Improving Federal Agency Efficiency Through the Use of Productivity Data in the Budget Process

FGMSD-78-33: Published: May 10, 1978. Publicly Released: May 10, 1978.

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A survey of the use of productivity data in the budget process covered 13 labor-intensive agencies with a total payroll of about $8 billion.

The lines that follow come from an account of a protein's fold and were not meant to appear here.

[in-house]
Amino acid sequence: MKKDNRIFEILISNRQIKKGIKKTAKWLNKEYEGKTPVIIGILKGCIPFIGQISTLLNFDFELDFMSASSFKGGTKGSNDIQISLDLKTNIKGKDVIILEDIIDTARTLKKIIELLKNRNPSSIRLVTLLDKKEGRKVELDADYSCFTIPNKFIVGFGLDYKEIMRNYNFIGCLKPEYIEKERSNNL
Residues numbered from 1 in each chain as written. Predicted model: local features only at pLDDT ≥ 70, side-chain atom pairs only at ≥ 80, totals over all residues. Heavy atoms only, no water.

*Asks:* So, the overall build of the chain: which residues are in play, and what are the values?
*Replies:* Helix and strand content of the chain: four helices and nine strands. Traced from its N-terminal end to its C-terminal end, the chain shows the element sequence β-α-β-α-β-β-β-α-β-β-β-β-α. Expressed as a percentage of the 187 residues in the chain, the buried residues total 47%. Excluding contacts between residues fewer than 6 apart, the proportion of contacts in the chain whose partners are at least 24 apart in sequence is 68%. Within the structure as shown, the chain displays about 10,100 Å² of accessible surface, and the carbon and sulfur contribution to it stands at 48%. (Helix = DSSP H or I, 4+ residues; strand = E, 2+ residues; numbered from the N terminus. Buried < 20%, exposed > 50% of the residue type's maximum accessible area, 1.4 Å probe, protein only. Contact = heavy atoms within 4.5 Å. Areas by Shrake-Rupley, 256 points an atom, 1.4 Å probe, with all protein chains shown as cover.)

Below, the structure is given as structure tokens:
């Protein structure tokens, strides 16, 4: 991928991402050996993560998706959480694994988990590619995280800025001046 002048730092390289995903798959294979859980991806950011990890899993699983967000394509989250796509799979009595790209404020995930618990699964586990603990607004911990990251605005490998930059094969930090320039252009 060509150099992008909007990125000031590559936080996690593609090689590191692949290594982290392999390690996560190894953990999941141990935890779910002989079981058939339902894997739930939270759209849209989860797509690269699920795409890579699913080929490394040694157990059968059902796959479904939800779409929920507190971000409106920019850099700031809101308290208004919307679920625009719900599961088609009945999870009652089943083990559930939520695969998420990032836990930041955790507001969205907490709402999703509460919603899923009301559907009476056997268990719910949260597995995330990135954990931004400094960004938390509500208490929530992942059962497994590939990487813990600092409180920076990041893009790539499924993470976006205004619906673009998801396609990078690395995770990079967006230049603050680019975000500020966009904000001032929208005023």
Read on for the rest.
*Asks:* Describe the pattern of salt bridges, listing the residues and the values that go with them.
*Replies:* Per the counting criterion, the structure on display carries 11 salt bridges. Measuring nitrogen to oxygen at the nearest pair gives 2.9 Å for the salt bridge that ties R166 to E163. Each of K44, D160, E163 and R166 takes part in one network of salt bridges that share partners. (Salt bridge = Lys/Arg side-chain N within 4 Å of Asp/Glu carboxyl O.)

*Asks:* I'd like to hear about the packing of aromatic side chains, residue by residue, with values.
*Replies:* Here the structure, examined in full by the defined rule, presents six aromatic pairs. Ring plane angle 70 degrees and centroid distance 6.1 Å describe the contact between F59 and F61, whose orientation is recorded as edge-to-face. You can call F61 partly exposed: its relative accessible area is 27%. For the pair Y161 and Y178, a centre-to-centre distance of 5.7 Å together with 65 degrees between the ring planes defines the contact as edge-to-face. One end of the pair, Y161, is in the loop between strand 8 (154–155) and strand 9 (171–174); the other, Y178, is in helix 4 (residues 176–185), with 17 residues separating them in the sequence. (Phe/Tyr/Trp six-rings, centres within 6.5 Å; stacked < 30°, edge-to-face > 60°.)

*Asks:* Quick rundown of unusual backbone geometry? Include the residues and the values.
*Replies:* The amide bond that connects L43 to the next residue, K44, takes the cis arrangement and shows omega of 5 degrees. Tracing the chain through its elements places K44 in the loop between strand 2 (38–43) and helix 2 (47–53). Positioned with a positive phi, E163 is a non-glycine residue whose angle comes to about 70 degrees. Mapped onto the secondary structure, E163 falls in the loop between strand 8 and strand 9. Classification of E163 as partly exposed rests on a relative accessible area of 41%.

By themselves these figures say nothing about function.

Although productivity data are available in most agencies, its use by agencies, the Office of Management and Budget (OMB), and Congress has been limited. The basic reason for agencies not making more use of the data is a lack of incentives. Many agency executives felt that productivity-related improvements often result in penalties such as arbitrary reductions in staffing and budget and that OMB and Congress were insensitive to innovative proposals for increasing productivity. Appropriations committees can stimulate productivity improvements by encouraging agencies to use productivity data in their budget requests through questions which would elicit information, provide incentives for productivity measurement and reporting, and lead to improved productivity. Legislative oversight committees and appropriations subcommittees can further encourage use of productivity data by: (1) requesting it to support requests for staffing increases; (2) requesting statements on the status of productivity improvement programs, work measurement systems, and the extent to which budgets are based on productivity data; (3) creating an atmosphere of positive reinforcement for using such data through budgetary and organizational incentives; and (4) encouraging agencies to identify major productivity improvements possible through investment in capital equipment.

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